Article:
Time patrol is to depart and return. Method of reporting information while on patrol (radio, messenger), place where messengers are to be sent, and place where the patrol leader is to report upon completion of the patrol. The challenge and password to be used for exiting and reentering friendly lines. Special instructions such as locations to be avoided and essential elements of information higher headquarters is seeking. Report barrier/obstacle plan of friendly units if known; support available from friendly unit (e.g., medical evacuation [MEDEVAC], react force). Fire support available.
prepared to provide the patrol leader an opportunity to ask for clarification or additional support, if required.
Debriefing the Patrol Upon return of the patrol, the commander receives the patrol report at a debriefing attended by the patrol leader and all patrol members. The debriefing should be conducted as soon as possible following the patrol’s return, while information is still fresh in the minds of the patrol members. A patrol report, based on the information collected during the debrief, is generated and forwarded to the next higher com-mander.
Providing Special Skills and Equipment
10004. PATROL LEADER DUTIES
There will be situations when the unit assigned to conduct a patrol does not have the necessary technical skills or equipment organic to it to successfully accomplish the patrol mission. In these cases, additions (attachments) are made to the unit, such as—
The patrol leader organizes and prepares the patrol by using the six troop-leading steps to make the best use of resources available. These steps are to— 1. Begin planning.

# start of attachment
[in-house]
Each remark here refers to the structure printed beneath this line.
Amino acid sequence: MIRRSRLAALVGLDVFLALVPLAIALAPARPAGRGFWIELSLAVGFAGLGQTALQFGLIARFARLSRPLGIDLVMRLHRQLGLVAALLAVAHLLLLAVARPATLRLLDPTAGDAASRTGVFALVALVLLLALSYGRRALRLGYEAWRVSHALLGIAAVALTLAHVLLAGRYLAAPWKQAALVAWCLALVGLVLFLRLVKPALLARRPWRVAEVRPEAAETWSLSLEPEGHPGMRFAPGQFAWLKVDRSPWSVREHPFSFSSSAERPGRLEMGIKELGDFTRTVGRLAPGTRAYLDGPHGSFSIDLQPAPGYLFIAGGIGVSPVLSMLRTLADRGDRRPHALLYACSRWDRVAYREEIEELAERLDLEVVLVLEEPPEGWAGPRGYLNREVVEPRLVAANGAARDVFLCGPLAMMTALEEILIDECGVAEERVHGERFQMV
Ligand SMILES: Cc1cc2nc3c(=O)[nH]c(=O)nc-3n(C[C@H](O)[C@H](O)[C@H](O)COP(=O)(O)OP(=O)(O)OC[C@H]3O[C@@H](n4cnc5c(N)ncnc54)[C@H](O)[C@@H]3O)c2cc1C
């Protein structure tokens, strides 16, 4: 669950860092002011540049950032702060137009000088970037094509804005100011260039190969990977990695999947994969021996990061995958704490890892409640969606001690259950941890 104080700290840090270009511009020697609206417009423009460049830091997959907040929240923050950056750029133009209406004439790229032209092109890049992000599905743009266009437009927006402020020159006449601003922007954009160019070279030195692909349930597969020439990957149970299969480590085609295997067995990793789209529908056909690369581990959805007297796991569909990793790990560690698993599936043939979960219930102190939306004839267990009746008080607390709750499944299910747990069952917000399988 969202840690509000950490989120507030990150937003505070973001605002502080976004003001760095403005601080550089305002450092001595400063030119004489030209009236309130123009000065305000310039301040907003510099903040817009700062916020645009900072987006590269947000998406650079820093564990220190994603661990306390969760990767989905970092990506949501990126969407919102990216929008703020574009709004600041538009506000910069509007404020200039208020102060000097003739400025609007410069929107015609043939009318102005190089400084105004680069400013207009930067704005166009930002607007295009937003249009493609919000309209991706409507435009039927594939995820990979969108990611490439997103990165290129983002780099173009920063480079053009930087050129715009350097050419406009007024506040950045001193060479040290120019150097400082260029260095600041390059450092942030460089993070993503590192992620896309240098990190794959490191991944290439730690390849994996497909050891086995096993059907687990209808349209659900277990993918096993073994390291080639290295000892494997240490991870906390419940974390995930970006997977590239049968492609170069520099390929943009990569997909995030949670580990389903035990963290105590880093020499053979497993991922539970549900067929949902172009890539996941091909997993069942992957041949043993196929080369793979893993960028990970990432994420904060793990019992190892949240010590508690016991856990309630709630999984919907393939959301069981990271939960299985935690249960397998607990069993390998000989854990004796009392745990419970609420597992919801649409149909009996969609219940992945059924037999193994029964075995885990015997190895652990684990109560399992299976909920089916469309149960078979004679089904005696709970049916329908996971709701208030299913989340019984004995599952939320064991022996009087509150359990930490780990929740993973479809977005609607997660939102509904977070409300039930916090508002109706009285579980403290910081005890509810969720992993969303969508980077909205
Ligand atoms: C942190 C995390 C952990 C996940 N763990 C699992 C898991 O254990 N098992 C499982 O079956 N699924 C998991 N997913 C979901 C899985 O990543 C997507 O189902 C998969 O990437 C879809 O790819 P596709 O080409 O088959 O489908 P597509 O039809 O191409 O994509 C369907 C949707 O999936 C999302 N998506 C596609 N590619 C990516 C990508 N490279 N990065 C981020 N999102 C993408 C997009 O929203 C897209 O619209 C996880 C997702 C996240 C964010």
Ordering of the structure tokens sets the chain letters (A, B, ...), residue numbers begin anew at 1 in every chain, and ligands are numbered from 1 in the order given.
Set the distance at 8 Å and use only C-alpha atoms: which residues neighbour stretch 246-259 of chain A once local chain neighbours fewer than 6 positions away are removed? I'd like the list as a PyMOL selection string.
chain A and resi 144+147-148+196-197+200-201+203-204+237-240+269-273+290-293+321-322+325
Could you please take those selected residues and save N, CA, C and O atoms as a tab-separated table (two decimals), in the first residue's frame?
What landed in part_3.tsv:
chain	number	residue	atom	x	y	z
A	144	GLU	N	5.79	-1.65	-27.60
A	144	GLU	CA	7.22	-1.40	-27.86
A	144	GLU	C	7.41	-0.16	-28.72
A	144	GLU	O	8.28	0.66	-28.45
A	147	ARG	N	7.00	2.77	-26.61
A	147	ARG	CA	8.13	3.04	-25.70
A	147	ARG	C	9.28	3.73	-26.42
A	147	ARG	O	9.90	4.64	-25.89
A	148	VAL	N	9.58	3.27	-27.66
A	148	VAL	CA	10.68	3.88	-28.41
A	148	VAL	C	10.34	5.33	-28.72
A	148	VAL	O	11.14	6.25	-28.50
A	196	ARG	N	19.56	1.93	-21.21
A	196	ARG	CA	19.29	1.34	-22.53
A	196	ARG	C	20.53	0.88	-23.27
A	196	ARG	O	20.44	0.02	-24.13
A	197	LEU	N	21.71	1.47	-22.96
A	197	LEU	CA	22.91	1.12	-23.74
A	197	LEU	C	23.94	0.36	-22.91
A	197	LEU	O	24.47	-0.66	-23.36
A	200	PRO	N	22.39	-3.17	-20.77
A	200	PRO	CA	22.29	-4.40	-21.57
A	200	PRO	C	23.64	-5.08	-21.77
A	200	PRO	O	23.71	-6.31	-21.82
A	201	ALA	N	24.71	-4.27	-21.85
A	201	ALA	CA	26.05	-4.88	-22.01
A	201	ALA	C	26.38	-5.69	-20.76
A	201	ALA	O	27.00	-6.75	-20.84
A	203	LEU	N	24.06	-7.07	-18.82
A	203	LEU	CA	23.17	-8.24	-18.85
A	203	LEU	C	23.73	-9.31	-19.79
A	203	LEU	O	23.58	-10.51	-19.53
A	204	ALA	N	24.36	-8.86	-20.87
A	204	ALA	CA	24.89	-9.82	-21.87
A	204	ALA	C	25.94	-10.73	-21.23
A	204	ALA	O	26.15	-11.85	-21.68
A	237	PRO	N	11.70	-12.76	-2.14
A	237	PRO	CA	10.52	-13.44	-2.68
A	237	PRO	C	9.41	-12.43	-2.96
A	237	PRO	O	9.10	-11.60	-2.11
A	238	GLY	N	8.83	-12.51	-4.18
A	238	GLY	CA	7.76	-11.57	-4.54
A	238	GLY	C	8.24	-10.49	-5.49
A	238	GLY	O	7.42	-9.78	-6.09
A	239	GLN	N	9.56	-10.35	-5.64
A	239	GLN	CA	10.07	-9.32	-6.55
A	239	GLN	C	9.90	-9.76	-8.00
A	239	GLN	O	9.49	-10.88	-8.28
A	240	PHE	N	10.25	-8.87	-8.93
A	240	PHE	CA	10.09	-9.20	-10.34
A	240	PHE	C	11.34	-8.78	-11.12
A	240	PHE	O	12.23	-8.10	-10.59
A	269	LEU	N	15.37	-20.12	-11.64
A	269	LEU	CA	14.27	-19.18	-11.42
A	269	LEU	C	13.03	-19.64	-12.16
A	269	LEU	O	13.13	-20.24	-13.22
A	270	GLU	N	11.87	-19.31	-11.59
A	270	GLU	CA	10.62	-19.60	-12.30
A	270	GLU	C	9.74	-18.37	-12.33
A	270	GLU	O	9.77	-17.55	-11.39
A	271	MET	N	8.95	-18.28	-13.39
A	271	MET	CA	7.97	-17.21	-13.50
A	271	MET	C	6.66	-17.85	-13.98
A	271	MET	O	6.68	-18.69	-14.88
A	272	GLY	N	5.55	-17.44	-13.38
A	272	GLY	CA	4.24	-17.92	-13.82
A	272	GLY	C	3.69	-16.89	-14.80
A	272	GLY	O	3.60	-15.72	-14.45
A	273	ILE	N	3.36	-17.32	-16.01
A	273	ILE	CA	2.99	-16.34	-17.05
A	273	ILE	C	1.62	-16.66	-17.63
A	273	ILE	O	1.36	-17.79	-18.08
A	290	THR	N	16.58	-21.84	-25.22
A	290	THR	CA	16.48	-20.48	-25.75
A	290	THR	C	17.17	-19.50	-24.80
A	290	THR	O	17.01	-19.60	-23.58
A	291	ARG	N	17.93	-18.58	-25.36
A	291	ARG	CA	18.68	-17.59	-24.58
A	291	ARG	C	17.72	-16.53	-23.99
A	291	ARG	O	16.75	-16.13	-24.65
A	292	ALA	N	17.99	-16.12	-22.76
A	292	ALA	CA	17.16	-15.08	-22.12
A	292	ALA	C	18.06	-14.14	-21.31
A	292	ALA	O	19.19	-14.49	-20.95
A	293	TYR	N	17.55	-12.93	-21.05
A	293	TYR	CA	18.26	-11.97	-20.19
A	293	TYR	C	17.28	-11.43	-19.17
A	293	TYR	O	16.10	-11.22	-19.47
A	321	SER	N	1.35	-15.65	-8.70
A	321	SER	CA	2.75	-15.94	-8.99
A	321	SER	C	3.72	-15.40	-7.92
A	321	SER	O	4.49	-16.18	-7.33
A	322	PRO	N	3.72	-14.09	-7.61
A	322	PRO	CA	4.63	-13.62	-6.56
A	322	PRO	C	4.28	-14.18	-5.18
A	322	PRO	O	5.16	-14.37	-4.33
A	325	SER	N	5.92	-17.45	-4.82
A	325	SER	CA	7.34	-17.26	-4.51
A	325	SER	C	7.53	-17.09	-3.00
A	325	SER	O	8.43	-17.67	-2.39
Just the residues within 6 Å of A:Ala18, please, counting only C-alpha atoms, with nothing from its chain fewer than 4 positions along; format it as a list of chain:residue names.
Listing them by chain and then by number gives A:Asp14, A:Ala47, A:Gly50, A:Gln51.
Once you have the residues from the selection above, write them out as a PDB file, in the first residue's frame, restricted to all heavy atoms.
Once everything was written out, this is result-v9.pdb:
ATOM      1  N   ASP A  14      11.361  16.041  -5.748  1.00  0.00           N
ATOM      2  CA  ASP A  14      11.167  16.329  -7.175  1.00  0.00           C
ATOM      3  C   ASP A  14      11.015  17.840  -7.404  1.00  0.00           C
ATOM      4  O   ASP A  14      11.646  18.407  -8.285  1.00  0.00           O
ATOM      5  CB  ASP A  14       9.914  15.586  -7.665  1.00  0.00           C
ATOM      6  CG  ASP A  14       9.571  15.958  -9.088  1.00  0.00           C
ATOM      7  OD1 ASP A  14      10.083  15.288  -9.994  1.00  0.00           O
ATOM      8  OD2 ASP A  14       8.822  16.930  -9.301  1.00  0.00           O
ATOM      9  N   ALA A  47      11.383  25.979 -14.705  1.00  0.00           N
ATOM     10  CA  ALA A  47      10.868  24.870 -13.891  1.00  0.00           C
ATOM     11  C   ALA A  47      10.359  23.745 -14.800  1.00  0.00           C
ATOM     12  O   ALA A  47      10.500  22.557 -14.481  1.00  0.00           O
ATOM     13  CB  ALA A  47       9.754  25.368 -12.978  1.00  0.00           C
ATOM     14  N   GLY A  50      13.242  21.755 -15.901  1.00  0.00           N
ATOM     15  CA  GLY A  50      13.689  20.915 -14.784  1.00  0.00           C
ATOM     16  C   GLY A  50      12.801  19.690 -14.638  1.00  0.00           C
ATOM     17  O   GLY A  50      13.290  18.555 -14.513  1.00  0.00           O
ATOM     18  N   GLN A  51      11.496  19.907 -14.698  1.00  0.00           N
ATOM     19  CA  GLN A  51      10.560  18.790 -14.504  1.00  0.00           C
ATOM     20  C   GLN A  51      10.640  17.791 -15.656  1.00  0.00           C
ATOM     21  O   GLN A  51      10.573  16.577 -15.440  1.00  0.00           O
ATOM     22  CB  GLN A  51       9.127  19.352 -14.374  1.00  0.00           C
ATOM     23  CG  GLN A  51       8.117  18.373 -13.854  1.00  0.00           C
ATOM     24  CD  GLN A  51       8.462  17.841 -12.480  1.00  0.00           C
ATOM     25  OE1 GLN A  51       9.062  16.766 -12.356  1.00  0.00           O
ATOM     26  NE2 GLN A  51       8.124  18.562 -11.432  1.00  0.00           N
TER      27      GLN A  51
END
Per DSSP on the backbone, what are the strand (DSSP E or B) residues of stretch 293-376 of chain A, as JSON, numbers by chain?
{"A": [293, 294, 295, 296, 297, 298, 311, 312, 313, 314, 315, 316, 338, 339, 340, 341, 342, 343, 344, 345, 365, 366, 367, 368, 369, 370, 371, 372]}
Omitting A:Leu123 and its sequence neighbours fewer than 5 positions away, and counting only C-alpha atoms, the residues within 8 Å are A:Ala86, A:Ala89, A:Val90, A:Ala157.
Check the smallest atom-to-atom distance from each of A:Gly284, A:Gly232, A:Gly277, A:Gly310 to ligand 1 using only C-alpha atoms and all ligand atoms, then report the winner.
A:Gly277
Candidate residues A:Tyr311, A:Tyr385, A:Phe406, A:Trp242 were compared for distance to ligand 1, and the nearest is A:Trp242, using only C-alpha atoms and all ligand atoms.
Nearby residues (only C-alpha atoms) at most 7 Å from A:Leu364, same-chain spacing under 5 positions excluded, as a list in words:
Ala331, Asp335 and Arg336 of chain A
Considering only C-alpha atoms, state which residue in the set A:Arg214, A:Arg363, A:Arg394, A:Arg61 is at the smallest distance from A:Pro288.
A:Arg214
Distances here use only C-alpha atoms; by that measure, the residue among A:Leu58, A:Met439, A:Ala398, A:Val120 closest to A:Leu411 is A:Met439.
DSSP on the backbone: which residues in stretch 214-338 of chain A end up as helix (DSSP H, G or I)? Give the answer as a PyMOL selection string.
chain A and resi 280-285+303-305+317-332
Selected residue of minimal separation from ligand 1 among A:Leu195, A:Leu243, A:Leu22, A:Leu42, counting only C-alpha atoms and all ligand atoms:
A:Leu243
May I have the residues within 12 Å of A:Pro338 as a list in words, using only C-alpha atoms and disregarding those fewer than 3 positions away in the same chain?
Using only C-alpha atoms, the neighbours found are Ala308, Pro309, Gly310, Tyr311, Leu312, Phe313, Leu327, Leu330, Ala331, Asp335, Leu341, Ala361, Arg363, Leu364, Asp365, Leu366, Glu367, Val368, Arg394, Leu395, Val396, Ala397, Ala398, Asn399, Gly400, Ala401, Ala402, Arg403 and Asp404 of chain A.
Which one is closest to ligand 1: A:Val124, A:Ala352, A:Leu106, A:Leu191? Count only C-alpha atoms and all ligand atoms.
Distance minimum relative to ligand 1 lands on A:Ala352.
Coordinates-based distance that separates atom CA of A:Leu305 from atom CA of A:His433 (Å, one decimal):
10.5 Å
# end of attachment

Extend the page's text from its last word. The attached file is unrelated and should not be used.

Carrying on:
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Machine gun and/or shoulder-launched, multipurpose assault weapon (SMAW) team and/or squad. Forward observers (mortar/artillery). Radio operator(s). Combat engineers. Tracked vehicle crewman to assess the ability to traverse the terrain. Corpsman. Other personnel (snipers, translators) as required.
Providing Miscellaneous Support The commander must ensure that the patrol leader is provided with the food, water, ammunition, radios and batteries, maps, special clothing, and any other items required by the unit (includin attachments) needed for the mission. Post-patrol support such as debriefings by intelligence personnel must also be planned.
Reviewing the Patrol Leader's Plan and Preparations Once the patrol leader receives the mission, conducts visual and/or map reconnaissance, and develops the plan, the commander confirms the patrol leader’s understanding of the mission and plan for accomplishing it. This discussion between the patrol leader and commander ensures that the patrol leader understands the commander’s intent and is properly
2. Arrange for reconnaissance and coordination. 3. Make reconnaissance. 4. Complete the plan. 5. Issue the order. 6. Supervise.
Begin Planning The patrol leader begins by evaluating all factors affecting the mission. He looks for possible courses of action that lead to a decision, and then transforms this decision into an order. The first step includes making an initial assessment and decision on using available time, issuing a warning order and initial preparatory tasks, and initiating his estimate. The initial planning effort assesses the time, assistance, and information available, and plans the proper use of each. Time allowances include reconnaissance; completion of the estimate and order; troop preparation; and such briefings, rehearsals, and inspections as required before beginning the patrol. The patrol leader reviews the mission and the attachments and/or support available and decides what preparatory efforts must begin immediately. Proper use of subordinates to manage these initial tasks during this period reduces preparation time and frees
MCWP 3-11.3 U.S. Marine Corps PCN 143 000075 00 17 April 2000